Our church has been through a tremendous amount of grief lately. With the deaths of Bill Mendoza and Barbara Pine we have lost two “pillars” of the church, one in the prime of life, and the other taking with her the legacy and memories of countless numbers. Even if you did not know Bill or Barbara well, if you are involved in the church at all, you are feeling the grief.
Grief is God’s way of venting the pain of loss. When we lose someone we know and love, it hurts. That pain must be dealt with, or else it could kill us. Healing begins when grieving begins. At first, of course, we are in shock and feel nothing. But as the truth of our loss seeps in, our bodies and our hearts begin to grieve. It used to be believed that you make it through a loss by NOT crying or showing other forms of emotion. But that is simply not true. In fact, to shut down our emotions (in an effort to protect ourselves from too much grief) will only serve to exacerbate the problem. Emotions that are shoved down and hidden away will always come back strike more ferociously and unhealthy later on.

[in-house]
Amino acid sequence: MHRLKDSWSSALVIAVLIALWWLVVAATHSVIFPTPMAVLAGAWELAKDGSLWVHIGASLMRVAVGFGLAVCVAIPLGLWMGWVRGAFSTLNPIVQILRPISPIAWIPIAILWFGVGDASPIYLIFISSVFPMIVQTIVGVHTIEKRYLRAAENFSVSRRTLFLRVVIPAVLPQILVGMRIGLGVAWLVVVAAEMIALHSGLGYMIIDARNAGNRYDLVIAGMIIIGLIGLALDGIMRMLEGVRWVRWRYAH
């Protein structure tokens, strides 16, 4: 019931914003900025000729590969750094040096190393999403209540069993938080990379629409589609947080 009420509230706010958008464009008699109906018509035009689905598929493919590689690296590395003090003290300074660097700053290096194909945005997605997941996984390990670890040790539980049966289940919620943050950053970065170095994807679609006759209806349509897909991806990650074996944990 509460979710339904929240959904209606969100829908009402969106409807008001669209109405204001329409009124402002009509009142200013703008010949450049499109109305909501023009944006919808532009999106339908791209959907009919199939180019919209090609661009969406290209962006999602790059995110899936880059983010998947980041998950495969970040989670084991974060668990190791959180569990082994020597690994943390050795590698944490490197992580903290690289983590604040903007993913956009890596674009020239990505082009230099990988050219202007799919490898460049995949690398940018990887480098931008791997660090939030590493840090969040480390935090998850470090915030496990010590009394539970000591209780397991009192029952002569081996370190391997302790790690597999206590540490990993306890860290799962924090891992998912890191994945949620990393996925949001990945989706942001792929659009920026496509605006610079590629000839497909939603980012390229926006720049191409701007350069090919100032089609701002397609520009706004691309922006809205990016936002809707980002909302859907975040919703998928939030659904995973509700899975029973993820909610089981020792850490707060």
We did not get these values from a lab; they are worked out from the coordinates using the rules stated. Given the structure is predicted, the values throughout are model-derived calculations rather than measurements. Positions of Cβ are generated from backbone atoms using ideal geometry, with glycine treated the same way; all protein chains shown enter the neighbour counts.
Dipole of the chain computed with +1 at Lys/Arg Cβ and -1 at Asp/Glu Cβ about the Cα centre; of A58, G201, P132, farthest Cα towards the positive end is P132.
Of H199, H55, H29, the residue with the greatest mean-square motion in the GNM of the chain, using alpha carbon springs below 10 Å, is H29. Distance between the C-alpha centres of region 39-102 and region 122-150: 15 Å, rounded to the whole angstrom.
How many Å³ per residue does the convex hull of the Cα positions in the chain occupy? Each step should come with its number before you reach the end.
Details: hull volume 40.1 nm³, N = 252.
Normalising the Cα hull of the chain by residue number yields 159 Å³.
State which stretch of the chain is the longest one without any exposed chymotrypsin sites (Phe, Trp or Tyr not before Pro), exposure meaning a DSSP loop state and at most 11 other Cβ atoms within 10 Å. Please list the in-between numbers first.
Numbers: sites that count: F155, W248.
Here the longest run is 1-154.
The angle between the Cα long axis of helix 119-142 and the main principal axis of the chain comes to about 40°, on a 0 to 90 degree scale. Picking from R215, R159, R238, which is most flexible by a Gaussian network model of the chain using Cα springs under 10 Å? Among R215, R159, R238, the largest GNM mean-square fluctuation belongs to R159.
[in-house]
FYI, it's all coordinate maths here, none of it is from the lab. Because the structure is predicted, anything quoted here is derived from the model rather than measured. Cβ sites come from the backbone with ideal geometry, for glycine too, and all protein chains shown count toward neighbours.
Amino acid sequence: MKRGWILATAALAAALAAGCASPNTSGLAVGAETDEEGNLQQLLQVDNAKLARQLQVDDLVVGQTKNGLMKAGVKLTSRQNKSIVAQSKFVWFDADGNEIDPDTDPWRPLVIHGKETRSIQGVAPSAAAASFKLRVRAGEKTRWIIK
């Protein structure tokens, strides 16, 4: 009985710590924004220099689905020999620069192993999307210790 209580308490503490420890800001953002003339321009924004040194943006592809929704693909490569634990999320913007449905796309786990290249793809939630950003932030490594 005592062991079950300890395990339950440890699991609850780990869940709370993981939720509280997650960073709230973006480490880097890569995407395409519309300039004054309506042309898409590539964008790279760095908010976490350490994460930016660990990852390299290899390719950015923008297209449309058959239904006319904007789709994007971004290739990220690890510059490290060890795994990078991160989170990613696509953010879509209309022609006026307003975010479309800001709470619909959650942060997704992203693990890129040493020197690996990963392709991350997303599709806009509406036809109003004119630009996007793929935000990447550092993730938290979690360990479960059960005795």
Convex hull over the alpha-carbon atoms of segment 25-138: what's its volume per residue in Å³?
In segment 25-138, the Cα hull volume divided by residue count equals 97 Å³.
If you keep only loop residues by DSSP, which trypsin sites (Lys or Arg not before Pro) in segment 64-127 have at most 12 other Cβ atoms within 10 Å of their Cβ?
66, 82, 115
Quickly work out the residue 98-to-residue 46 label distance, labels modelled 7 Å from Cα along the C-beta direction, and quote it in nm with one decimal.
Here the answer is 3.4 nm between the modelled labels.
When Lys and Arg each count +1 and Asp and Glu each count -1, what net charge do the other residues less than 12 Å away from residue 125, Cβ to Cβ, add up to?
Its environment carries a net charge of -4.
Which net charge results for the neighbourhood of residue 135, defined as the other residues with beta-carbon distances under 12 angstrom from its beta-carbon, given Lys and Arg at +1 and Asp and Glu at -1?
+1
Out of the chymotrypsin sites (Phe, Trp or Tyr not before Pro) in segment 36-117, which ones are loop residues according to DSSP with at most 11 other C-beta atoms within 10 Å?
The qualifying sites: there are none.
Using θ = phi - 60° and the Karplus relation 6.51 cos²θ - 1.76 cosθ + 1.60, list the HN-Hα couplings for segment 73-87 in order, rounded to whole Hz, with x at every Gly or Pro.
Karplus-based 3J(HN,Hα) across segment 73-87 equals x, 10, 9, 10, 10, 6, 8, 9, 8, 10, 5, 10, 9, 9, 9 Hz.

One of the best things we as a church family can do during times like these is to give permission to (and even encourage) each other to grieve, and grieve well. And that means to allow for tears, anger, disbelief, and more tears. This congregation is good at allowing these things, so I’m only saying this as a reminder.
God gives us other people to help make us better people. He puts people in our lives who will influence us and challenge us. The best thing we can do is consider what gifts Bill and Barbara (and anyone else who has passed) had that touched us and made us want to be better people. What was it about their faith, their character, their essence that reminded us of Jesus? Identify those things, hold on to them, and pray for God to make you more like them. Remember, the goal of Christian discipleship is to become more and more like Jesus. Bill was like Jesus; Barbara was like Jesus. Find what it is about them that was like Jesus, and embrace it.
And when you miss them, and the emotions well up inside you, it is good to cry.